Montgomery is suffering from an existential angst and though the people in her life care about her and would love to help her, she refuses to talk to them. She seems very self-assured, but it’s all a front and watching her slowly unravel and then start to put her life back together again is difficult, but rewarding. Try it if you like realistic fiction, but are not in the mood for a full-blown problem novel.

More to read:

The Rest of Us Just Live Here by Patrick Ness

Endangered by Lamar Giles

Friday, May 20, 2016

Summer Days and Summer Nights: Twelve Love Stories edited by Stephanie Perkins

Summer Days and Summer Nights: Twelve Love Stories edited by Stephanie Perkins

The never ending rain might make it hard to believe that we are quickly approaching summer, but it's true! If you, like me, need something to remind you of sunny days and beach reading, this collection of short stories is exactly what you're looking for.

Whether you are planning to spend the summer working at a summer job, hanging out with friends or maybe looking for a summer love, the characters inSummer Days and Summer Nights are there for you.

Like it's companion, My True Love Gave to Me, this features tons of popular authors like Cassandra Clare, Veronica Roth, Nina LaCour, and of course Stephanie Perkins. Plus, if you attend the library's author panel, Shut Up and Write, you might recognize one of the names on the cover. Each short story gives you a bite size look into summer vacation and it will have you even more ready for summer than ever!

More to read:

Up and Coming: My True Love Gave to Me: Twelve Holiday Stories edited by Stephanie Perkins

You Oughta Be in Pictures: J'aime Paris et Anna

Up and Coming: You Know Me Well by Nina Lacour and David Levithan

Up and Coming: Isla and the Happily Ever After by Stephanie Perkins

Teen Review: An Open Letter to Stephanie Perkins

Wednesday, May 18, 2016

Down with the Shine by Kate Karyus Quinn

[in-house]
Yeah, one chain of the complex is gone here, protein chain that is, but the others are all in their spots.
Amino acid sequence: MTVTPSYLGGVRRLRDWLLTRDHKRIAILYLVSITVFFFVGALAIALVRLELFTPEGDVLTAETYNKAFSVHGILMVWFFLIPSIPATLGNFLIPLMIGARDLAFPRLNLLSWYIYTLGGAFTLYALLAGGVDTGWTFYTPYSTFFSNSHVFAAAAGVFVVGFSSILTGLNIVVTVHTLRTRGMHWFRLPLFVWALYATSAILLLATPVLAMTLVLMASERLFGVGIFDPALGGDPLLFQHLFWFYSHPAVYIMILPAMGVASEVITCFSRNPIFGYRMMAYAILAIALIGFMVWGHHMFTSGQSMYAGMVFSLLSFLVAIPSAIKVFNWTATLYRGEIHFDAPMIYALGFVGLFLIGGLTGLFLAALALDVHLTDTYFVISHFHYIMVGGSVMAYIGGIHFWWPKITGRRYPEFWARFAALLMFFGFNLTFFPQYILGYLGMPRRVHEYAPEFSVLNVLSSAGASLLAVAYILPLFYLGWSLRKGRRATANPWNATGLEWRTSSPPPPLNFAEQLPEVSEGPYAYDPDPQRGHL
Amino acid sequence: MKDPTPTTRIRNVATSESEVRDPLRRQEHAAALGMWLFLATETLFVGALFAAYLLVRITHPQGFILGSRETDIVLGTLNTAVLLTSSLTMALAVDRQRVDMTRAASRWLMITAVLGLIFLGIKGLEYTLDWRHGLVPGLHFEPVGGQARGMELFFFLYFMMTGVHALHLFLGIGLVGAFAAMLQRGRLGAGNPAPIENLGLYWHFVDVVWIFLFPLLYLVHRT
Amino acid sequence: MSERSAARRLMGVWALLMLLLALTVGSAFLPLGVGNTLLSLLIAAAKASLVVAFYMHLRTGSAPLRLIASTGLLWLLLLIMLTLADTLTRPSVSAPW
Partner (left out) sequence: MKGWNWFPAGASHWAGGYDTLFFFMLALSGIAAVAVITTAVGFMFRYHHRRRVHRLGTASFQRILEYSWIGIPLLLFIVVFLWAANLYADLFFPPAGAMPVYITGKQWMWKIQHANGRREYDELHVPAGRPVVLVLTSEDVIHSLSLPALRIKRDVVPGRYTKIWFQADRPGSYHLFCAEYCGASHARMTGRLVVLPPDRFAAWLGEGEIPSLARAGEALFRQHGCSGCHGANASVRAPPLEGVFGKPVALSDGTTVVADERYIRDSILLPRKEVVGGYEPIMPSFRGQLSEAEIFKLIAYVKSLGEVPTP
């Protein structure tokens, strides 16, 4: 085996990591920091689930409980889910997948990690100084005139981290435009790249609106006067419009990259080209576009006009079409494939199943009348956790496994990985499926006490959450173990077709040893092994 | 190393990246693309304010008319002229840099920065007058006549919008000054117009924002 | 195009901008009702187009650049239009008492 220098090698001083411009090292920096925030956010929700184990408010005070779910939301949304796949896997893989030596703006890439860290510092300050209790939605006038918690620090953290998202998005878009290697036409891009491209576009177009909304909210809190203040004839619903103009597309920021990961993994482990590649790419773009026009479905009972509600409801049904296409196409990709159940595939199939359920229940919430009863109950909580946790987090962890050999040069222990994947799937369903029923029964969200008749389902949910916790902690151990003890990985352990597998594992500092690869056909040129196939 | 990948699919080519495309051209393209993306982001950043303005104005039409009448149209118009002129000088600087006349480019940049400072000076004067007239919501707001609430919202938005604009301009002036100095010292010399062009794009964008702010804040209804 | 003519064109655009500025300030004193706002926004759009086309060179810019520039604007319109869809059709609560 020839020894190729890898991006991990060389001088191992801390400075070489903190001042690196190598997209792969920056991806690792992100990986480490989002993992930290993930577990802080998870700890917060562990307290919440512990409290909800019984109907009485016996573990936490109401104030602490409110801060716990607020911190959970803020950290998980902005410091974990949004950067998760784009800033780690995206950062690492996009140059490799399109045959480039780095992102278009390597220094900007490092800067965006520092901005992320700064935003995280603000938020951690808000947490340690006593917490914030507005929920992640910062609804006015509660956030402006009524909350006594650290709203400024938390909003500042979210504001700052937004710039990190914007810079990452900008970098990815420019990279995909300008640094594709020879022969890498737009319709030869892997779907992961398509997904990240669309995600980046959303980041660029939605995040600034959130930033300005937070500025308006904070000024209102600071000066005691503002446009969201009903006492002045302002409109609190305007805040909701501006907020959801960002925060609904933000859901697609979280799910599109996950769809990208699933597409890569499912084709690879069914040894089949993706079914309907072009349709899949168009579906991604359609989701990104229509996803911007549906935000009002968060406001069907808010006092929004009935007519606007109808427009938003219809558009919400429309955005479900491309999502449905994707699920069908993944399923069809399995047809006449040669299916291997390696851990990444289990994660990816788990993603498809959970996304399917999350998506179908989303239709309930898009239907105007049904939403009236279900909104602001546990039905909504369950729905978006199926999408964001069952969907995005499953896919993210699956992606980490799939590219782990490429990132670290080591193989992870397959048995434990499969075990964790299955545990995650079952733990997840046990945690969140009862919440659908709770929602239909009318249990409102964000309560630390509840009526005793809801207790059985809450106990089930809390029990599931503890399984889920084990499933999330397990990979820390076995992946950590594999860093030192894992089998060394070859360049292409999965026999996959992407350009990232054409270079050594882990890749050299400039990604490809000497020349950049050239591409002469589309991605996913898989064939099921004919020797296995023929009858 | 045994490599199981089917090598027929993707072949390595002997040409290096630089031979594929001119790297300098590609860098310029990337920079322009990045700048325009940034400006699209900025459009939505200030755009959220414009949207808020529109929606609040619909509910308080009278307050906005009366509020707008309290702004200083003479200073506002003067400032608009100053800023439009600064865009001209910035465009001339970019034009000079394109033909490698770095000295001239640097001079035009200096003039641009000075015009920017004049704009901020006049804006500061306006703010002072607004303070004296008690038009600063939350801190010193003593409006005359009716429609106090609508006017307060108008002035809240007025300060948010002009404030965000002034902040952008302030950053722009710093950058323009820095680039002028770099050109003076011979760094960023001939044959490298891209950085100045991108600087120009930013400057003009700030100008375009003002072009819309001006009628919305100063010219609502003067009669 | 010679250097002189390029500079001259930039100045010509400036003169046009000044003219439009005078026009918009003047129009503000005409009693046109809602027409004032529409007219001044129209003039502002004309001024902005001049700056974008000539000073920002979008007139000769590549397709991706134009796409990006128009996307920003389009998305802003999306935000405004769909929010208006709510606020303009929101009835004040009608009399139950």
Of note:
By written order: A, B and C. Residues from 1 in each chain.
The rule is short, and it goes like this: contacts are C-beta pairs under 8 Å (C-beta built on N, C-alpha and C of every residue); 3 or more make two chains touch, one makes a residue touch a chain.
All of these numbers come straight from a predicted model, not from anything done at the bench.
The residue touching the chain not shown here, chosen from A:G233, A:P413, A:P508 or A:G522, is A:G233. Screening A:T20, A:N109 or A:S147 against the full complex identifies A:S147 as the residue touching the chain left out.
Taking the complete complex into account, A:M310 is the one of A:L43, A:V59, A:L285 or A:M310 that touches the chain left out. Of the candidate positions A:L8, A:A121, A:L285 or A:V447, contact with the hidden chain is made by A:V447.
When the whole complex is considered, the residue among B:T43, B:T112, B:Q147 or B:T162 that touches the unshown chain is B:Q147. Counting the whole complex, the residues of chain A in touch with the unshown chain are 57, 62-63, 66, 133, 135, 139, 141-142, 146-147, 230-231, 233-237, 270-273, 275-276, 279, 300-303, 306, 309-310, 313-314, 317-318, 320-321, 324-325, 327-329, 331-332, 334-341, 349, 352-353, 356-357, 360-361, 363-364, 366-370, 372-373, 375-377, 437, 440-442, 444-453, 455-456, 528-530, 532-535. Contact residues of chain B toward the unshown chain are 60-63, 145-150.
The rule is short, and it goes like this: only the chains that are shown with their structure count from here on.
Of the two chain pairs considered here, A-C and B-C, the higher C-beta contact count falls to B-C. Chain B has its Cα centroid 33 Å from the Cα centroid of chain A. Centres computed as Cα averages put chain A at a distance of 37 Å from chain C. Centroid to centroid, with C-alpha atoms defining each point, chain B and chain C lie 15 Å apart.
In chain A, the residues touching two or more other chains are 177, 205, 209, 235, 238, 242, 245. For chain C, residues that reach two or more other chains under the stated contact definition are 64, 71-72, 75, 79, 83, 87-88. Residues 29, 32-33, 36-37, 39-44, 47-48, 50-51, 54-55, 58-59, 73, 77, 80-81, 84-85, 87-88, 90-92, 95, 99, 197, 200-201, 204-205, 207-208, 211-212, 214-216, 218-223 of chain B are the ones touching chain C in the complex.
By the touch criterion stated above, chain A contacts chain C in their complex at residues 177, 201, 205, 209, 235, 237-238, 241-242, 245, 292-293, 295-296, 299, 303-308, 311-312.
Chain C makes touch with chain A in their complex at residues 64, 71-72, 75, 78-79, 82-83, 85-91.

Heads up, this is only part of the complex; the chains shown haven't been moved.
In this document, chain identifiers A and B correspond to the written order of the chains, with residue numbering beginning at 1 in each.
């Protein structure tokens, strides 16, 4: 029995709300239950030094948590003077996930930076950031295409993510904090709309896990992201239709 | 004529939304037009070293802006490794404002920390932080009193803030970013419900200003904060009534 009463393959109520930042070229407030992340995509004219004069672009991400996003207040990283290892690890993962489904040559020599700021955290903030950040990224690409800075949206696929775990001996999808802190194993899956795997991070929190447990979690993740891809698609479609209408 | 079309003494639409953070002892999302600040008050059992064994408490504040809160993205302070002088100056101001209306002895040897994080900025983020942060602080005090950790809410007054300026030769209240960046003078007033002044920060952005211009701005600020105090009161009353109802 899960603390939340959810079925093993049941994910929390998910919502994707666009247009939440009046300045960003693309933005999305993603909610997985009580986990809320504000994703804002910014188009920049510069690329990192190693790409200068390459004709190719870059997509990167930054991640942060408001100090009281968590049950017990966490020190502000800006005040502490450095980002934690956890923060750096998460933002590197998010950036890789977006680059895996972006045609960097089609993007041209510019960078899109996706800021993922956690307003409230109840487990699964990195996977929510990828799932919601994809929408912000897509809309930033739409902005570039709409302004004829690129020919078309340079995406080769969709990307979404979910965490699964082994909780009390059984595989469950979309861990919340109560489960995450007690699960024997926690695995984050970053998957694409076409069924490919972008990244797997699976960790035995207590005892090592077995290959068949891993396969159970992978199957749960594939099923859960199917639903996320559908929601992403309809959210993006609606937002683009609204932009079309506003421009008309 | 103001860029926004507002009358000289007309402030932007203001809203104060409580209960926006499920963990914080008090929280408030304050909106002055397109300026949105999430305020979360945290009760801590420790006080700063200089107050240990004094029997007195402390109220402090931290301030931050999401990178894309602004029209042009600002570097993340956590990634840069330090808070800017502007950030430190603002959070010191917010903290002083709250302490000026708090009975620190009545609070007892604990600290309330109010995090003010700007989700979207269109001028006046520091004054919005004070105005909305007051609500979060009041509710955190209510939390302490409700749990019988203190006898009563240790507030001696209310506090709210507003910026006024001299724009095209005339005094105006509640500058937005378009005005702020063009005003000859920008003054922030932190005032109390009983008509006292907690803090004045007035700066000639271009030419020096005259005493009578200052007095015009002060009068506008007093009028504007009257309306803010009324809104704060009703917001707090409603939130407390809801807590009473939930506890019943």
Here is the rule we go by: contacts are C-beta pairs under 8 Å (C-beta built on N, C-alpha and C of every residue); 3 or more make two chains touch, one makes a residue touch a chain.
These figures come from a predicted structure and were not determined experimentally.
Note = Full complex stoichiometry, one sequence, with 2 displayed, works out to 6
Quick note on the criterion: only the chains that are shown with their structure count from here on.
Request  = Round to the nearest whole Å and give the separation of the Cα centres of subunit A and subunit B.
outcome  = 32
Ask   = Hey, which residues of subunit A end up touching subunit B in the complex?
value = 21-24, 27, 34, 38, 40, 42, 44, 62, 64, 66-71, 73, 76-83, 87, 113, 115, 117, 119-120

Librarian M shares a unique new thriller:

Down with the Shine by Kate Karyus Quinn

Lennie’s dad is Leonard Cash, a notorious criminal who famously brought her along on a bank robbing spree when she was six. Now Lennie is in high school, where she doesn’t really fit in, both because of her dad and because she holds almost everyone at arm’s length. After her best friend is murdered, she decides to throw caution to the wind and bring some of her uncles’ famous moonshine to a back-to-school bash.

The next morning, Lennie discovers that her uncles have been keeping a secret from her: aided by the moonshine, she and her family have the power to grant wishes. She has created a nightmare scenario at the party house out of the wishes of teenagers who drank the 'shine. Now she not only needs to set everything right before the damage is irreparable, she also has to get away from her dad, who has been looking for her for years.

Down with the Shine is not quite as weird as (Don’t You)Forget About Me, but it is still plenty weird. Many YA books are about a teenager coming to terms with his or her life situation, but this book does it in a unique way that brings in some elements of both fantasy and horror. Pick it up if you’re feeling wild!

More to read:

(Don’t You) Forget About Me by Kate Karyus Quinn

I Second That: Midwinterblood by Marcus Sedgwick

The Walls Around Us by Nova Ren Suma

Friday, May 13, 2016

Up and Coming: You Know Me Well by Nina Lacour and David Levithan

You Know Me Well by Nina Lacour and David Levithan

Release date: June 7, 2016

Pride week and the end of school are both approaching quickly for Kate. Too quickly. Her best friend is determined to set her up with a girl who sounds beyond perfect, but that only makes her more nervous about the dwindling time Kate has left in San Francisco.

Mark is looking forward to summer, especially if it means extra time to spend with his best friend (sometimes with benefits), Ryan. The only problem is at the first pre-Pride event they attend, it becomes clear that Ryan's insistence that he wasn't looking for anything serious really meant he didn't want to be serious with Mark.